This blog was originally published here. It is being republished with permission from our friends at Finding Balance.

eating issuesAre you facing eating issues?

Since eating and body image issues are so pervasive these days, it can be difficult to find healthy role models to emulate. Just what IS balance anyway? Well, there are many components to it, including the way we eat, our food choices, exercise habits, thought patterns and how we view our bodies.

Listed below are healthy goals to strive for in order to move in a positive direction with eating. This list isn’t all inclusive and no one is going to score 100%–it’s not about perfection. It’s about finding balance.

So ask yourself, Am I Finding Balance….

…in HOW I eat?

  • I can usually recognize my levels of hunger and fullness.
  • I try to eat when I am hungry and stop when I am comfortably full (not stuffed).
  • I generally try to eat slowly enough to notice tastes, textures, temperatures, and flavors.
  • I savor my food as I chew and swallow it in a mindful manner and moderate pace.
  • I don’t have a list of rigid rules about how I should eat. Instead, I follow general guidelines to support good health.
  • When eating around others, I don’t play food games or push food around my plate.
  • When eating with others, I generally don’t insist on special ways for my food to be prepared, or skip it altogether because I don’t want to eat what’s available.
  • If I feel I’ve eaten too much, I don’t try to make up for it by skipping future meals, over exercising, throwing up, taking diuretics, or abusing laxatives.

…in WHAT I eat?

  • I usually eat three balanced meals a day, including fruits, vegetables, and whole grains, with healthful snacks as needed to satisfy my hunger (or multiple smaller meals).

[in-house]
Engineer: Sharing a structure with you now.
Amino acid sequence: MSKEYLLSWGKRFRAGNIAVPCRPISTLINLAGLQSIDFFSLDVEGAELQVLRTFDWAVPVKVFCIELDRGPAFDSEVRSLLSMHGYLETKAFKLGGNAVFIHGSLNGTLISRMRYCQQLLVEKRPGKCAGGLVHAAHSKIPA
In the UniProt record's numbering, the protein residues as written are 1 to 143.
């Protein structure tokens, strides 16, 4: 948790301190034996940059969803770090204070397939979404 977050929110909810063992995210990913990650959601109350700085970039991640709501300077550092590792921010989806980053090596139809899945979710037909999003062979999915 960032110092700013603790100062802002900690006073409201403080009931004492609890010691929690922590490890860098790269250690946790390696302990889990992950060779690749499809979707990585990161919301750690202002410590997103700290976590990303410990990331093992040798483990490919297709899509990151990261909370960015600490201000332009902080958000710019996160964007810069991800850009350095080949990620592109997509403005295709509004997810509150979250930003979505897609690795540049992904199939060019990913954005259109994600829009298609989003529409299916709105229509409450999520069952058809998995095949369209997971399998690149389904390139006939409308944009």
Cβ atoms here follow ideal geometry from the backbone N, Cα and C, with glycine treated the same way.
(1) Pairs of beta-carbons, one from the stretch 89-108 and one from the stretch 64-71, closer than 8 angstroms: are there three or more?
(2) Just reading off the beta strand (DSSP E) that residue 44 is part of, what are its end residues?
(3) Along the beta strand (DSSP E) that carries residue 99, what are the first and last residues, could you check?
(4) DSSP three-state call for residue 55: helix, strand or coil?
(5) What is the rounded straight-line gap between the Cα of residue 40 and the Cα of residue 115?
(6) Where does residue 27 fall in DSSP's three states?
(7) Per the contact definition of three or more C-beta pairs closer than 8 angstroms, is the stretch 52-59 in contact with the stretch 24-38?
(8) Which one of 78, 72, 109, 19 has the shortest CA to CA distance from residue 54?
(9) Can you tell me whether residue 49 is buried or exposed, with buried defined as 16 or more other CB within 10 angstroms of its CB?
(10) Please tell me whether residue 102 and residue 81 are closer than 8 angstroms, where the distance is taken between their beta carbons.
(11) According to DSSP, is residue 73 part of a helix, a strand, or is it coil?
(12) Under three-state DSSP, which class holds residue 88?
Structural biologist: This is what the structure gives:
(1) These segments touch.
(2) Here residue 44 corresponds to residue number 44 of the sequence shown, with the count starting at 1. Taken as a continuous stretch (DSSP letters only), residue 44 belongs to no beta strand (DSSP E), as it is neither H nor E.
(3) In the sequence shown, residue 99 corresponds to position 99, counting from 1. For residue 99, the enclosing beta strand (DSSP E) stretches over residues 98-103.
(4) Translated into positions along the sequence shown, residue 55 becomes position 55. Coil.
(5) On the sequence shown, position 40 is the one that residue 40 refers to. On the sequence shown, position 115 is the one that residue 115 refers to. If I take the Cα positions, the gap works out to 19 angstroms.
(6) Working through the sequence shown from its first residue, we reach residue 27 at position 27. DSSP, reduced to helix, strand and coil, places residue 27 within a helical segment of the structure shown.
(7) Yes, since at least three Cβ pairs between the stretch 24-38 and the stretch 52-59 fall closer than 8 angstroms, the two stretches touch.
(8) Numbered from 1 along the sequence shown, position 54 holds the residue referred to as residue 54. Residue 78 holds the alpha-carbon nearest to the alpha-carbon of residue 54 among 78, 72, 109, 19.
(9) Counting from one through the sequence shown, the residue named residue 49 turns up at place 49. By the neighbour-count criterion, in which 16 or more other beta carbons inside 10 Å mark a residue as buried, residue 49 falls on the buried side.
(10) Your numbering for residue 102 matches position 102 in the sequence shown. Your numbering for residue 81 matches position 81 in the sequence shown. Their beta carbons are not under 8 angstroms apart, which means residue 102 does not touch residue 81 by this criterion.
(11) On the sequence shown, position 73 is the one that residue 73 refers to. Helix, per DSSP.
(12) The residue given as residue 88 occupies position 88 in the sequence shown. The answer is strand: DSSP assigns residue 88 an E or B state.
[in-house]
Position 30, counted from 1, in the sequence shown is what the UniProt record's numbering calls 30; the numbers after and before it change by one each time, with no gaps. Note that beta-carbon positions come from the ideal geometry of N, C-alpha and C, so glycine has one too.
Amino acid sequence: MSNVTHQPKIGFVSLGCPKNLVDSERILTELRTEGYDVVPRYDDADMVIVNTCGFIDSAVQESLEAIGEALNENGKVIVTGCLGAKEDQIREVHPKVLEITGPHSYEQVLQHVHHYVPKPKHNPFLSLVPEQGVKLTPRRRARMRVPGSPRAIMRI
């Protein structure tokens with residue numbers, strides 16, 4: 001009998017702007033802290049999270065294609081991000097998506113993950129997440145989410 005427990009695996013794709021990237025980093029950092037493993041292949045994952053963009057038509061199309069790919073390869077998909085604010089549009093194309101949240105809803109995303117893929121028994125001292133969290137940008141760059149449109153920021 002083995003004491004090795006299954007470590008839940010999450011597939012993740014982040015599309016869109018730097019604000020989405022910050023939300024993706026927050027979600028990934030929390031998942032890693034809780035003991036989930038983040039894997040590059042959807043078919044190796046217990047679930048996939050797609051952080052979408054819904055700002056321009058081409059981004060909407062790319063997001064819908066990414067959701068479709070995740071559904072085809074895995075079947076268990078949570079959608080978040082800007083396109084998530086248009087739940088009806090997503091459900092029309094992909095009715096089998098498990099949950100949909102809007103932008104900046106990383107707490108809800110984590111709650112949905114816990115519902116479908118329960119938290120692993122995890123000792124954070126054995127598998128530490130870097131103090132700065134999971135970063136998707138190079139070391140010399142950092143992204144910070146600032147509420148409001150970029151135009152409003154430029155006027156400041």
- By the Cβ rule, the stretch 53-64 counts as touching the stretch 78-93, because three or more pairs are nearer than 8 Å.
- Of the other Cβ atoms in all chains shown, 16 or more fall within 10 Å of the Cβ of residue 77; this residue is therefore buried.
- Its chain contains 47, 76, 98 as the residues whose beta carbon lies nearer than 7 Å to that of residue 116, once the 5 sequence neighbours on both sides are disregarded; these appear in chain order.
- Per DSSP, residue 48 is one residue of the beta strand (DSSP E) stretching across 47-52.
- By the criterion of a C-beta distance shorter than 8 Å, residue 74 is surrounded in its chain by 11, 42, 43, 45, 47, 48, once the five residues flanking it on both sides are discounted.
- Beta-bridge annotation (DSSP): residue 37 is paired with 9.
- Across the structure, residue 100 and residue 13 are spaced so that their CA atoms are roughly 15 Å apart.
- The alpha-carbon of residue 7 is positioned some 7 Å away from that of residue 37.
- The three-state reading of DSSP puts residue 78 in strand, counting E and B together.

• I avoid crash diets and diet products.
  • I don’t fear or ban certain foods, thinking of them as forbidden or “bad.”
  • I am not a slave to counting calories, carbs or fat grams.
  • I strive to eat a variety of healthful foods most (about 90%) of the time, but enjoy occasional “play foods” or treats in moderation.
  • I rarely skip a meal in order to consume empty calories such as candy, chips or desserts.
  • I don’t drink alcohol in place of eating meals.
  • I am not afraid to eat foods that are not “pure”, “raw,” or organic.
  • (For vegetarians) I make sure I get an adequate amount of protein every day from a variety of sources.

…in WHY I eat?

  • I do not use food to soothe or numb my feelings.
  • I do not use eating and/or not eating as a form of punishment to myself or others.
  • I do not reward myself with food.
  • When I’m bored, I don’t turn to eating for entertainment.
  • Rather than using food as a distraction from my feelings (eating either too much or too little), I have found healthier ways to deal with them.
  • I do not view food as my “lover” or “friend.”
  • I do not restrict my intake in order to feel in control when life gets stressful.
  • I eat because my body needs sustenance, and also because it is enjoyable.

… in how WELL I’m eating?

  • Overall, my eating patterns and food choices are supporting good health.
  • My daily intake includes a variety of foods, including protein, carbs and healthy fats.
  • I meet my body’s requirements for fuel each day.
  • I may sometimes eat a little too much, but not more than two or three times a week, and I don’t become overly stressed about it.
  • I have energy and am not often fatigued.
  • I am sleeping well, and am not afraid to eat something before bed if I’m hungry.
  • Friends and family have not expressed concern about my weight and eating patterns.
  • My doctor does not express concern about how much/what I am eating.

…in how I FEEL about eating?

  • I believe I deserve to eat any food in moderation—guilt-free—without having to earn the right to eat it.
  • When eating around others, I generally don’t worry too much about what they think of my choices.
  • If I eat normally, I trust my body not to gain too much weight.
  • Thoughts about food and meal planning do not consume my day.
  • I do not feel out of control while eating.
  • I feel that eating well is an important and necessary part of my overall health and well being.
  • Rather than feeling anxious or guilty, I usually enjoy eating.

Whew – that was a lot of ground to cover. Again, the goal here is not perfection, but to gradually move toward being able to meet the goals above.

How do you score?

Want to see how you’re doing in all of these areas? Take the free Eating Issues Tests from Finding Balance.

For more information download our free eBook Understanding Eating Disorders.